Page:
Before the name Sen no Rikyu became synonymous with the art of the tea ceremony (formerly chanoyu, now called sado), he was born into a wealthy merchant family. At the time, Sakai City flourished as a hub of international trade, and many types of culture flourished. He met a merchant in Sakai, Takeno Joo (1502-1555), and began to study tea ceremony under him. Rikyu eventually refined the style of the tea ceremony developed by Takeno and his predecessors called wabi-cha, focusing on purity and spirituality while avoiding all extravagance; the style of tea ceremonies currently practiced today.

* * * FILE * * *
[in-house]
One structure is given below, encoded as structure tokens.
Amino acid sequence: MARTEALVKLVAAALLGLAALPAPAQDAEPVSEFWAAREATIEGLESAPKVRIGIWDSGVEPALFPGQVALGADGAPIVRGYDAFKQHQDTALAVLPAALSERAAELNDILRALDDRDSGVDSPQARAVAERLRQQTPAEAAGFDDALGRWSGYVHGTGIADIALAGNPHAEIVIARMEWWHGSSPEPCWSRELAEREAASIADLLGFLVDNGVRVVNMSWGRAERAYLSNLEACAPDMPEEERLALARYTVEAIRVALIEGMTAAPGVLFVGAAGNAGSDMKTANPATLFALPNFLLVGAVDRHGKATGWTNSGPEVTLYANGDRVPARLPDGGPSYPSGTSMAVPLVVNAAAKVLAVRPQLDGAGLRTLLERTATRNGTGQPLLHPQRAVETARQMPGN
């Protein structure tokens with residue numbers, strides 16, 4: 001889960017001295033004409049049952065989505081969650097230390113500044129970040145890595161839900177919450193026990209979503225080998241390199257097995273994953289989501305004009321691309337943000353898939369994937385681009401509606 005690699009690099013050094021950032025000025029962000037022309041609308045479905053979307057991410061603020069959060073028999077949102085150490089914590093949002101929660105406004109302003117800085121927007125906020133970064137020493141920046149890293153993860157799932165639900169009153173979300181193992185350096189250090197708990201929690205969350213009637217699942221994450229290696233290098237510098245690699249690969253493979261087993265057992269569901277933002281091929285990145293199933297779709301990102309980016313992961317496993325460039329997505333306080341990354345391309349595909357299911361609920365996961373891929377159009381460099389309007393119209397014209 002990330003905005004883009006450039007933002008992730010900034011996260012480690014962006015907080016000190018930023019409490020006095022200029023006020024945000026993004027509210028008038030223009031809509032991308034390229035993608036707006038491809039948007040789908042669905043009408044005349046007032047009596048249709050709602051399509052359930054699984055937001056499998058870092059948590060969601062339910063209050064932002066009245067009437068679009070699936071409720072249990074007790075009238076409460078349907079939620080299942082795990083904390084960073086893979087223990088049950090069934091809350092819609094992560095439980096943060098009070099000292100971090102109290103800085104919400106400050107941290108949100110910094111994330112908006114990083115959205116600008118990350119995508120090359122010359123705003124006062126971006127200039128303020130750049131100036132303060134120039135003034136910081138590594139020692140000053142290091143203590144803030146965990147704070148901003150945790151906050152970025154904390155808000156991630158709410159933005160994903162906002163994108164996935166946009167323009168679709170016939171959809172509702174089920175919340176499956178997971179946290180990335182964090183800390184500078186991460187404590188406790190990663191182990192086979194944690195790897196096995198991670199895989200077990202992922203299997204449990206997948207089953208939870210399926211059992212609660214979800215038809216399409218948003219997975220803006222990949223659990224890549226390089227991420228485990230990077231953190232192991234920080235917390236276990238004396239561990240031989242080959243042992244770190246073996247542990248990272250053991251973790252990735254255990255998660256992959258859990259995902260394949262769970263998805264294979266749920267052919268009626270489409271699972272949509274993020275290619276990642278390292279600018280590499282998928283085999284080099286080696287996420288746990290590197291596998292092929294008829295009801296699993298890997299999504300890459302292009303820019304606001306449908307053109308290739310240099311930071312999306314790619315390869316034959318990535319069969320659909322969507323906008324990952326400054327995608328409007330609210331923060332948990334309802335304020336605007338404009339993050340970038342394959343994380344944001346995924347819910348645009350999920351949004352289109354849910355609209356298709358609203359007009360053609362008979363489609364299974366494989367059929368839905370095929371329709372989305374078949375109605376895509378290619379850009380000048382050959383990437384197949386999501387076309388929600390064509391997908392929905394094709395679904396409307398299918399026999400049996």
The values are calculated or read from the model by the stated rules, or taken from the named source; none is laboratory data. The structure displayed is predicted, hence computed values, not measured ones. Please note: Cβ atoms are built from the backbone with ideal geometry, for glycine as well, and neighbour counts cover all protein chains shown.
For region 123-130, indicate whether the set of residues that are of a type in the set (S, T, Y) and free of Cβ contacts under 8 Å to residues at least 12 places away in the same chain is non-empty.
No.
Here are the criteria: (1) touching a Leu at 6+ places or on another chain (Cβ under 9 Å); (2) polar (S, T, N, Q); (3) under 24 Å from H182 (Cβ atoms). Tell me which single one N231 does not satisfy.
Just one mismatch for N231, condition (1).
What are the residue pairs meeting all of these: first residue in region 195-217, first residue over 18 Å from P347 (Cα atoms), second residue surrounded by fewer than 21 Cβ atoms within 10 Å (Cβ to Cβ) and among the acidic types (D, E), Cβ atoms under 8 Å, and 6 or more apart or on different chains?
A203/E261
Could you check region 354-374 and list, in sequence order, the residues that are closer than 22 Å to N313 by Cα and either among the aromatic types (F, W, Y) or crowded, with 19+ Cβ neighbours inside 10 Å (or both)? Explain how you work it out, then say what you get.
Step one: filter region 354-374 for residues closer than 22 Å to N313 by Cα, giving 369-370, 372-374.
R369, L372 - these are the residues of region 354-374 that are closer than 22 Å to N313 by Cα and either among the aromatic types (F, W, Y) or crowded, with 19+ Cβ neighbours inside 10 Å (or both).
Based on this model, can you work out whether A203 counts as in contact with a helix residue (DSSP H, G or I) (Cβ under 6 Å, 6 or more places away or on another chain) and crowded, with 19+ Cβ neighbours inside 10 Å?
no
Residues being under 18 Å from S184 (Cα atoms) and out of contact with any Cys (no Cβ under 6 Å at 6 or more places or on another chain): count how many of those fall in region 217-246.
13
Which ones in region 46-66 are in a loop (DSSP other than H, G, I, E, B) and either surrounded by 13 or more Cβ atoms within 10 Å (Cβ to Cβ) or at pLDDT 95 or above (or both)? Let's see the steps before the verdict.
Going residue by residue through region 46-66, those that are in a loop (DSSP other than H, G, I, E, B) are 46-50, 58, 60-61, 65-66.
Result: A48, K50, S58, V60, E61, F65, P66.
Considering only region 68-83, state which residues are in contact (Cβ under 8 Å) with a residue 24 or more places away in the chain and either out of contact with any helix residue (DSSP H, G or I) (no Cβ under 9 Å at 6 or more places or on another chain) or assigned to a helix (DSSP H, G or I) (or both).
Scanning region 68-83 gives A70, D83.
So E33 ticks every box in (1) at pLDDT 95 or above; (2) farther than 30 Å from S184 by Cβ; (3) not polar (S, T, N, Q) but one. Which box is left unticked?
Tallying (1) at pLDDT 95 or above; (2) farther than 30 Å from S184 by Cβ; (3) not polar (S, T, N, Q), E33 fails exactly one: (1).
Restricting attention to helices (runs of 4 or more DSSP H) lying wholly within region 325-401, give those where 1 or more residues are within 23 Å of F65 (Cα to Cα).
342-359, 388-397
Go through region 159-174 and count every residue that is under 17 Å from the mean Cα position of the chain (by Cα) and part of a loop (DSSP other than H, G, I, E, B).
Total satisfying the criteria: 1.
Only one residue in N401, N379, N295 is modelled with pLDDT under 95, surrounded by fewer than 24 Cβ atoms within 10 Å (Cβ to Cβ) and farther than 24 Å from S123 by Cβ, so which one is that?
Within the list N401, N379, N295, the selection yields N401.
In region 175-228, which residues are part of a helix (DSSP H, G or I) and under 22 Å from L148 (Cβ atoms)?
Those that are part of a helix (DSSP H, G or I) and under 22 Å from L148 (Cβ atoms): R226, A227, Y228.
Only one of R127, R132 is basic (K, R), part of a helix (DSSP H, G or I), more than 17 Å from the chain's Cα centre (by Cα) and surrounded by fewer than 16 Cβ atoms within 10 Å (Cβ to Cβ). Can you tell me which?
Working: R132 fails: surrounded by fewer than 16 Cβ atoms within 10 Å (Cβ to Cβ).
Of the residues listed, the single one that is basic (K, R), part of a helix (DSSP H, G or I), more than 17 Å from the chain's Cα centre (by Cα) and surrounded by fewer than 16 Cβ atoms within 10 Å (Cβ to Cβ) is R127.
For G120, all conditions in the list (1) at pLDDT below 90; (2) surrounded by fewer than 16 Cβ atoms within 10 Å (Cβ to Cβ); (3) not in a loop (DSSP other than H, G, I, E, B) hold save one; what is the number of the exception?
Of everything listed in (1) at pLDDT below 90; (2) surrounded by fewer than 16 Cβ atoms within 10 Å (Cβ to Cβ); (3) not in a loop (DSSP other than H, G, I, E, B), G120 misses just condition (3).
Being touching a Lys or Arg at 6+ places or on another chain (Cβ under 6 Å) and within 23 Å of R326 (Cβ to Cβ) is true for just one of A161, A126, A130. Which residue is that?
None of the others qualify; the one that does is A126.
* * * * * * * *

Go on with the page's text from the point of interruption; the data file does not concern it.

Other fundamentals of tea ceremony include hospitality toward guests, and establishing an emotional bond between guest and host. There are places where this type of tea ceremony can still be enjoyed in town. There are also many shops that purvey traditional sweets called wagashi, as well as family-owned tea shops that have operated for centuries and are beloved by townsfolk. One such shop originally opened in 1850 as Tea House Tsuboichi, and now operates a café in a renovated townhouse that is over 300 years old.